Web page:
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|The Prince and the Pauper||Mark Twain|
Chapter XIX. The Prince with the peasants.
|Page 1 of 4||
When the King awoke in the early morning, he found that a wet but thoughtful rat had crept into the place during the night and made a cosy bed for itself in his bosom. Being disturbed now, it scampered away. The boy smiled, and said, "Poor fool, why so fearful? I am as forlorn as thou. 'Twould be a sham in me to hurt the helpless, who am myself so helpless. Moreover, I owe you thanks for a good omen; for when a king has fallen so low that the very rats do make a bed of him, it surely meaneth that his fortunes be upon the turn, since it is plain he can no lower go."
He got up and stepped out of the stall, and just then he heard the sound of children's voices. The barn door opened and a couple of little girls came in. As soon as they saw him their talking and laughing ceased, and they stopped and stood still, gazing at him with strong curiosity; they presently began to whisper together, then they approached nearer, and stopped again to gaze and whisper. By-and-by they gathered courage and began to discuss him aloud. One said--
"He hath a comely face."
The other added--
"And pretty hair."
"But is ill clothed enow."
"And how starved he looketh."
They came still nearer, sidling shyly around and about him, examining him minutely from all points, as if he were some strange new kind of animal, but warily and watchfully the while, as if they half feared he might be a sort of animal that would bite, upon occasion. Finally they halted before him, holding each other's hands for protection, and took a good satisfying stare with their innocent eyes; then one of them plucked up all her courage and inquired with honest directness--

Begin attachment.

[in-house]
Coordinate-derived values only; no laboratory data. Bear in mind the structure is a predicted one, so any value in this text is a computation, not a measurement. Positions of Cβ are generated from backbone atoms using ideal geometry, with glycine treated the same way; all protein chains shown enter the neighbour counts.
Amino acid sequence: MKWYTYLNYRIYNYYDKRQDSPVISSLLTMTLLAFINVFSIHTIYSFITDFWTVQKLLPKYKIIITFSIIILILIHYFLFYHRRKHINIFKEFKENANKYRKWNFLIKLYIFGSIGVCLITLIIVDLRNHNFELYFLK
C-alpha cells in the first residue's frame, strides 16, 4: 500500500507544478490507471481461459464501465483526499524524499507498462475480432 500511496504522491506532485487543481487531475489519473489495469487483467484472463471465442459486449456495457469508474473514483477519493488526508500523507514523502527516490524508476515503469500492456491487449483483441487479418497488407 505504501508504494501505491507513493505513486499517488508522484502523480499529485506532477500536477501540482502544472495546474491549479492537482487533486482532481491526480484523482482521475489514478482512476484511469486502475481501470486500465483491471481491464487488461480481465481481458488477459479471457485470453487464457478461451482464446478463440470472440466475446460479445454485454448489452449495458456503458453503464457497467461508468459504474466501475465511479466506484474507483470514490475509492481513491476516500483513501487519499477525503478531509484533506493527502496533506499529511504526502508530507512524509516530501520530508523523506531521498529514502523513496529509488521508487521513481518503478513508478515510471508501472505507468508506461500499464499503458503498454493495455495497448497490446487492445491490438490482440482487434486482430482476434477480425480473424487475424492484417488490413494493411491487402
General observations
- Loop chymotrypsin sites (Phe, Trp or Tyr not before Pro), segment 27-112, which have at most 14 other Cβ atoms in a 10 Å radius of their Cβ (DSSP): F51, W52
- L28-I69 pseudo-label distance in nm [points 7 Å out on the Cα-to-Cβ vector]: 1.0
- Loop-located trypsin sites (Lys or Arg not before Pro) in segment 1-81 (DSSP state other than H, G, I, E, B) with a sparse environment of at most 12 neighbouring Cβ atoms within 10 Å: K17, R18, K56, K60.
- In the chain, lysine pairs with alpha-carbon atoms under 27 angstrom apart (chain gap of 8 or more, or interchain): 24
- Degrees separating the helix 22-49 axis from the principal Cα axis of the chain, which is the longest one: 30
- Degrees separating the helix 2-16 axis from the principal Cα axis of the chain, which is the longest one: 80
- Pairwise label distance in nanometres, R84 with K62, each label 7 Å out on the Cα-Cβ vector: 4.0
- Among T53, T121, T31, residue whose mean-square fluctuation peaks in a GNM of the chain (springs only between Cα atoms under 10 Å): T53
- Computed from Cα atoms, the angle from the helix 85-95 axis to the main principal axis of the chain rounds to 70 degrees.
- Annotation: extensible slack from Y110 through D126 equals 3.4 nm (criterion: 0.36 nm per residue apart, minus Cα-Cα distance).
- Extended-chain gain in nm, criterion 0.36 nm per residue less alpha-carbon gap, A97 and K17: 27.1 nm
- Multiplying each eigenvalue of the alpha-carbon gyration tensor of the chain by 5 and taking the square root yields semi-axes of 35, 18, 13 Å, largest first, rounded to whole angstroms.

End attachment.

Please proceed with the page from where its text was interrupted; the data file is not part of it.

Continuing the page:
"Who art thou, boy?"
"I am the King," was the grave answer.
The children gave a little start, and their eyes spread themselves wide open and remained so during a speechless half minute. Then curiosity broke the silence--
"The KING? What King?"
"The King of England."
The children looked at each other--then at him--then at each other again--wonderingly, perplexedly; then one said--
"Didst hear him, Margery?--he said he is the King. Can that be true?"
"How can it be else but true, Prissy? Would he say a lie? For look you, Prissy, an' it were not true, it WOULD be a lie. It surely would be. Now think on't. For all things that be not true, be lies--thou canst make nought else out of it."
It was a good tight argument, without a leak in it anywhere; and it left Prissy's half-doubts not a leg to stand on. She considered a moment, then put the King upon his honour with the simple remark--
"If thou art truly the King, then I believe thee."
"I am truly the King."
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